Astr/Phys 328/428 Homework #3

1. Distance ladder

Suppose that a series of four different standard candles are used to step out along the cosmic distance ladder as far as the Hubble flow, and you are using distances measured this way to derive the Hubble constant. Assume also that the calibration of each of the four standard candles being used carries an uncertainty of 0.2 magnitudes. What is the fractional uncertainty in the Hubble constant you would derive?


2. The Difference between "Near" and "Far"

(problem courtesy Heather Morrison)

In order to give you a feel for the problems associated with using galaxies which are not distant enough to be in the Hubble flow for deriving H0, here is a slice of the "Virgo consortium universe". These data come from a massive simulation of a cube of the universe measuring 150 Mpc on a side. The data give the x, y, and z coordinates [in Mpc] of each galaxy in the simulation, their line-of-sight velocity [in km/s], and their star formation rate [in Msun/yr]. The slice has been taken by restricting the x coordinates of the galaxies.

First, make a plot of y vs z to see the large scale structure in the simulation.

Assume that the Sun is at the coordinate (50,0,0), and calculate the inferred Hubble constant from each of the following samples:
To do this, use the known distance of the galaxies (calculated from the coordinates) and the line-of-sight velocity. For each sample, make a Hubble plot (velocity versus distance) and plot your derived Hubble law on the data.

What do you estimate for the value of the Hubble constant used to produce the simulation (include an errorbar!)?

Comment on the accuracy of using the two relatively nearby samples: how much of an error do the peculiar velocities of galaxies add?

Now repeat this using only elliptical galaxies (star formation rate = 0). Are your results different? Why?

3. The Peculiar Velocity of S639

Here are Fundamental Plane datasets for two galaxy clusters:
  1. Using the Coma data given in Table 1 of Jorgensen et al (1993), derive the zeropoint of the B-band Fundamental Plane: log(re) = 1.24*log(sigma) - 0.82*log<I> + ZP. To do this, adopt a Hubble constant of 72 km/s/Mpc, and assume the Coma cluster has no peculiar motion. Also note that log<I>=-0.4*(<mu>-26.4).
  2. Then use the S639 data along with your Fundamental Plane fit to get a Fundamental Plane distance to S639. You must also include a quantitative uncertainty estimate and an explanation of how you derived it. Note that the S639 data has surface brightness in r mags, not B mags. Convert those surface brightnesses to B by adopting a B-r color of 1.1 for the galaxies, and that way they'll match the magnitude system of the Coma data.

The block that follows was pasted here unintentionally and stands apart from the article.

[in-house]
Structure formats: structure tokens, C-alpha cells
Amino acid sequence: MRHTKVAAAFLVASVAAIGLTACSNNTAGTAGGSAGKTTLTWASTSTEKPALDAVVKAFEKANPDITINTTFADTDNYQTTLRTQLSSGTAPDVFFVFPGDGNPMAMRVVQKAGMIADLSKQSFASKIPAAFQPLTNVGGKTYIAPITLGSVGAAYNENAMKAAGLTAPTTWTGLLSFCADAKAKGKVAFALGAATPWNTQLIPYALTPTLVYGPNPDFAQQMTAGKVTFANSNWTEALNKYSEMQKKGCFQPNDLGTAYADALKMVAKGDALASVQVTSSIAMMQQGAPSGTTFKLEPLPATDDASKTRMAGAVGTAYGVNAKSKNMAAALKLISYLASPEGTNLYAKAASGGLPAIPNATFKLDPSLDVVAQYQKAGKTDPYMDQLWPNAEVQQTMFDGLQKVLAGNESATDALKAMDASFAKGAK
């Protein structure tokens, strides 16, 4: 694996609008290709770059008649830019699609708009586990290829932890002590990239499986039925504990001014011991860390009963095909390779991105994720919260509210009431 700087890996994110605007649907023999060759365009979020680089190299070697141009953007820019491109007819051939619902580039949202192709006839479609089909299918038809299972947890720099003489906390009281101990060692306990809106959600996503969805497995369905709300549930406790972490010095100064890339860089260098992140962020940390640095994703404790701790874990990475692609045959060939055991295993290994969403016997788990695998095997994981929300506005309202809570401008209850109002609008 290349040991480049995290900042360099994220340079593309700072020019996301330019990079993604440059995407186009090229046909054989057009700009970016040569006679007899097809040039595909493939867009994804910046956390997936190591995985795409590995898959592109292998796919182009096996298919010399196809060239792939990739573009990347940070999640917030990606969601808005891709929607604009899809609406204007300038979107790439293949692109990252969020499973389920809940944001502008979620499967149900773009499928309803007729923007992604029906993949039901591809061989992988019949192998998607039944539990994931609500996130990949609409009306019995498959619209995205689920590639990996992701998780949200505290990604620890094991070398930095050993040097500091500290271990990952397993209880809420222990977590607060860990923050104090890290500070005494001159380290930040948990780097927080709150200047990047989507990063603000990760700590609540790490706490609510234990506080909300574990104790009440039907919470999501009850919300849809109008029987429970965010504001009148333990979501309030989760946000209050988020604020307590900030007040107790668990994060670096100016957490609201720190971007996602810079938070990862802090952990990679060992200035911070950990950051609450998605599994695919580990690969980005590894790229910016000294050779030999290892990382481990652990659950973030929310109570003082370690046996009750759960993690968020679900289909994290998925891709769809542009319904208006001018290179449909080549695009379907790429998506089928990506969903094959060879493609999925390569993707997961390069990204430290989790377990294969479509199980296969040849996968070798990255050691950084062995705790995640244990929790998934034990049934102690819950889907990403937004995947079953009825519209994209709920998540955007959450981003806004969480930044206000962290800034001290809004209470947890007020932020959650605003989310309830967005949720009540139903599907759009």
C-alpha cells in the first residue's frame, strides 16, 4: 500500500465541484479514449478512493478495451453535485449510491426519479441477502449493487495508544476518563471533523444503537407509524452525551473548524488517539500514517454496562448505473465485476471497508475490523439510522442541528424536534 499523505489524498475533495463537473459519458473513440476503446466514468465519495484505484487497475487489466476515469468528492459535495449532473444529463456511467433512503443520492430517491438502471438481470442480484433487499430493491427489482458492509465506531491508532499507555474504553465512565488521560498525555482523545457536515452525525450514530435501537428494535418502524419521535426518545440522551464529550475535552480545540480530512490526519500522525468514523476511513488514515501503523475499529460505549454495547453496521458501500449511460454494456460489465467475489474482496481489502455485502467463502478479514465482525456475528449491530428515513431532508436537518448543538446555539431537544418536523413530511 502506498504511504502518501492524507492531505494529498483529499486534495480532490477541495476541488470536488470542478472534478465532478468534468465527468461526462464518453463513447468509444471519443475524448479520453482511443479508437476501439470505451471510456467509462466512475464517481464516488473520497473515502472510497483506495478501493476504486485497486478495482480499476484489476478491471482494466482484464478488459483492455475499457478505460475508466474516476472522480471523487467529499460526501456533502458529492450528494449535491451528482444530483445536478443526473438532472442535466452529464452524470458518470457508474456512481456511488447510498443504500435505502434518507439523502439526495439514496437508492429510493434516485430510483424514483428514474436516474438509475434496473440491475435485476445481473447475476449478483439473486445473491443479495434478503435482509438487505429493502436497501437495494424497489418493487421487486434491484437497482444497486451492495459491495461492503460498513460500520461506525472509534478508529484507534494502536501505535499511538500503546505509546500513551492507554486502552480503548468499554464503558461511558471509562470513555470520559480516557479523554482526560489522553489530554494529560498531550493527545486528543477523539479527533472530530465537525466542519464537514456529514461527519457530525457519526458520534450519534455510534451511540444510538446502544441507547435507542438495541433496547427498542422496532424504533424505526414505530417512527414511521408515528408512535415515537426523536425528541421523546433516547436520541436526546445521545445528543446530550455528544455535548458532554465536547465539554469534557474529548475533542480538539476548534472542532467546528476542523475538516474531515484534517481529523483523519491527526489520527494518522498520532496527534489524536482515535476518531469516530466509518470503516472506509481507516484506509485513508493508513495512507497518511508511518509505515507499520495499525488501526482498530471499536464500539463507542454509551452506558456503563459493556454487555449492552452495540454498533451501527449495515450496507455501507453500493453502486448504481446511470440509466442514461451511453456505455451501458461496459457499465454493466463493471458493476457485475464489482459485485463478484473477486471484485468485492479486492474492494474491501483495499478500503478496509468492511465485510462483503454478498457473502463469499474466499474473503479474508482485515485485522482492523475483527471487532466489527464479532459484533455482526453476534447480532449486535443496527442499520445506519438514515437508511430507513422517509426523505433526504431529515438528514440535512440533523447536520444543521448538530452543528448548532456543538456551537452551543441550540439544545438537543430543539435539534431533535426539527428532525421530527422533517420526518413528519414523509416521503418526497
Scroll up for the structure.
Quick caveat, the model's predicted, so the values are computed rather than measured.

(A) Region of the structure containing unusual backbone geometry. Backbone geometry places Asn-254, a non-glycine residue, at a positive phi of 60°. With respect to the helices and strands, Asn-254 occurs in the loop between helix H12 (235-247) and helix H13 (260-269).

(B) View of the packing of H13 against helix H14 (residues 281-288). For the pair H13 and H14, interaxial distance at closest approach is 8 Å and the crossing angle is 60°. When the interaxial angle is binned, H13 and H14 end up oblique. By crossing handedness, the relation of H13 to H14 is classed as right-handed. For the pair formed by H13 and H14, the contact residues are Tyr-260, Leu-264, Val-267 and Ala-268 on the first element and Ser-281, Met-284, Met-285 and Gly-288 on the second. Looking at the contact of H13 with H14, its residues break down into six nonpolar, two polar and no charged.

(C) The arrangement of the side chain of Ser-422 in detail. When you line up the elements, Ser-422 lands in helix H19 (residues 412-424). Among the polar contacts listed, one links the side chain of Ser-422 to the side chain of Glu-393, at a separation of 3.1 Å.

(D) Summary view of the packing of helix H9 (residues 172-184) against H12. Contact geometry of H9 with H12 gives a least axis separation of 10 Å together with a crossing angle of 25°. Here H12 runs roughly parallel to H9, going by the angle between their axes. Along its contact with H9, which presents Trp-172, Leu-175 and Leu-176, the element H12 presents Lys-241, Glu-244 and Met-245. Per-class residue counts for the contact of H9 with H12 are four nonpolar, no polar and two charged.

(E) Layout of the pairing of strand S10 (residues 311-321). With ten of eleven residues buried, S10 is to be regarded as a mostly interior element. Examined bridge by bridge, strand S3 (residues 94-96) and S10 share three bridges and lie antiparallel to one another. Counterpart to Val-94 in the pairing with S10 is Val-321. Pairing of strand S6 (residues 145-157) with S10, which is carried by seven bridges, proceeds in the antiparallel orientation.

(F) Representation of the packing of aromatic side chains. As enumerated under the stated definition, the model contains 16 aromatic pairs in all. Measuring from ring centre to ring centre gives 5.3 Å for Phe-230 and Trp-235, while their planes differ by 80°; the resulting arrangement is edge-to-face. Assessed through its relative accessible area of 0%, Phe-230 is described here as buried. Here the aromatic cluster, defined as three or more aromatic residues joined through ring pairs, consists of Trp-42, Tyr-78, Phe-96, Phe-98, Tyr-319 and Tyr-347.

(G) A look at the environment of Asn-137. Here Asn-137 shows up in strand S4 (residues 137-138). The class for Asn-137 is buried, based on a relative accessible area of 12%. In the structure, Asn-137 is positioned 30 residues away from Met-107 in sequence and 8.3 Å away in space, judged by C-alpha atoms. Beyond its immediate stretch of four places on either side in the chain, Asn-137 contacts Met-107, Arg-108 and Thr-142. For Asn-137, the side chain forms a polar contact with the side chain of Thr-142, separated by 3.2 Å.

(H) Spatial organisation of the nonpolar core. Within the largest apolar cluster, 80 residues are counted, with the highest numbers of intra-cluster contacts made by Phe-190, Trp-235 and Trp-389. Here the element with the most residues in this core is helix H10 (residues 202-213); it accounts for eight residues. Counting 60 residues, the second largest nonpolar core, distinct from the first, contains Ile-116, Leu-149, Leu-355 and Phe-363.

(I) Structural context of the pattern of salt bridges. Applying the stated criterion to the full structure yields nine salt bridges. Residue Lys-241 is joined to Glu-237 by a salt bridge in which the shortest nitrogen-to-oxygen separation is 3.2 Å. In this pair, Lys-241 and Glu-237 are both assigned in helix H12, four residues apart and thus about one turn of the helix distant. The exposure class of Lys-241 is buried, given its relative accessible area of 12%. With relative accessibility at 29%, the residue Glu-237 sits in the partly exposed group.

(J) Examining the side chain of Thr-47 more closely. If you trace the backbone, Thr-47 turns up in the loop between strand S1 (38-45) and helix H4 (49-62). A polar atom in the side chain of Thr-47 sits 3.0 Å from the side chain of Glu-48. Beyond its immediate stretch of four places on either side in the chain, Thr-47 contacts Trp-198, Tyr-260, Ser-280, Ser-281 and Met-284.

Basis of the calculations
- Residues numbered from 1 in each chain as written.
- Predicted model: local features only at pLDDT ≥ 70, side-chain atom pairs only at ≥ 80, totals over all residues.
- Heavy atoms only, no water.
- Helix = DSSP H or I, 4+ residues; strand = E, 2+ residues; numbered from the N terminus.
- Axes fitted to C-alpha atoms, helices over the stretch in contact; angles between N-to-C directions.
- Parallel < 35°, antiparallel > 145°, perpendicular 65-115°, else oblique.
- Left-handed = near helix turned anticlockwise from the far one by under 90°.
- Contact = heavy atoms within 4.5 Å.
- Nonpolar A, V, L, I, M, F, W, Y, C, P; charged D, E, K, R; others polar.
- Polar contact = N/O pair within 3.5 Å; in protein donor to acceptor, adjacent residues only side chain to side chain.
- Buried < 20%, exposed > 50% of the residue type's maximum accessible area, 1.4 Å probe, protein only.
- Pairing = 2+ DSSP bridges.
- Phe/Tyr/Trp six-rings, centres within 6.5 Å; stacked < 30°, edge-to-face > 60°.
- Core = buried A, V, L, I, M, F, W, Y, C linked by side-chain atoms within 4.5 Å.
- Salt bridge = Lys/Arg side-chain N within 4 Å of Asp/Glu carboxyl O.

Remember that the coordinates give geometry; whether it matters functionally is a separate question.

3. Plot the data for each cluster on a Fundamental Plane plot, along with a line showing the Fundamental Plane with your fitted zeropoints.
  4. Combine your FP distance to S639 with its redshift to calculate its peculiar velocity.


4. Stickman and Voids

Here is a dataset from the CfA redshift survey, containing coordinates (RA and dec), B magnitudes, and redshifts (cz, in km/s) for a sample of galaxies. Use it to recreate the "Stickman" figure shown in class. It's easiest to convert the angular coordinates and redshift (RA, dec, cz) into cartesian X,Y coordinates with units km/s. Since the data was taken in a slice of declination, all declination values are roughly the same, and you can just use the RA as your main angular coordinate.

Note on coordinates:
Estimate the size of the voids (underneath Stickman's armpits), in both km/s and Mpc. Let's say that I told you that galaxies formed in the voids early on in the Universe, but have since moved out due to peculiar velocities. If typical peculiar velocities are ~ 600 km/s (like that of our galaxy with respect to the CMB), how long would it take for galaxies to clear the void (express your answer both in years and in terms of the Hubble time [defined as 1/H0])? Show how both your answers depend on the Hubble Constant (in other words, if you decided to use a different value for the Hubble constant, how do your answers change?). Is my idea of galaxy formation in voids any good?


5. ASTR 428: Project

I want a thorough, well researched outline of your project, along with a quality reference list. Let's say that I was doing a project about using the Sunyaev-Zeldovich Effect to get H0. Here are examples of outlines: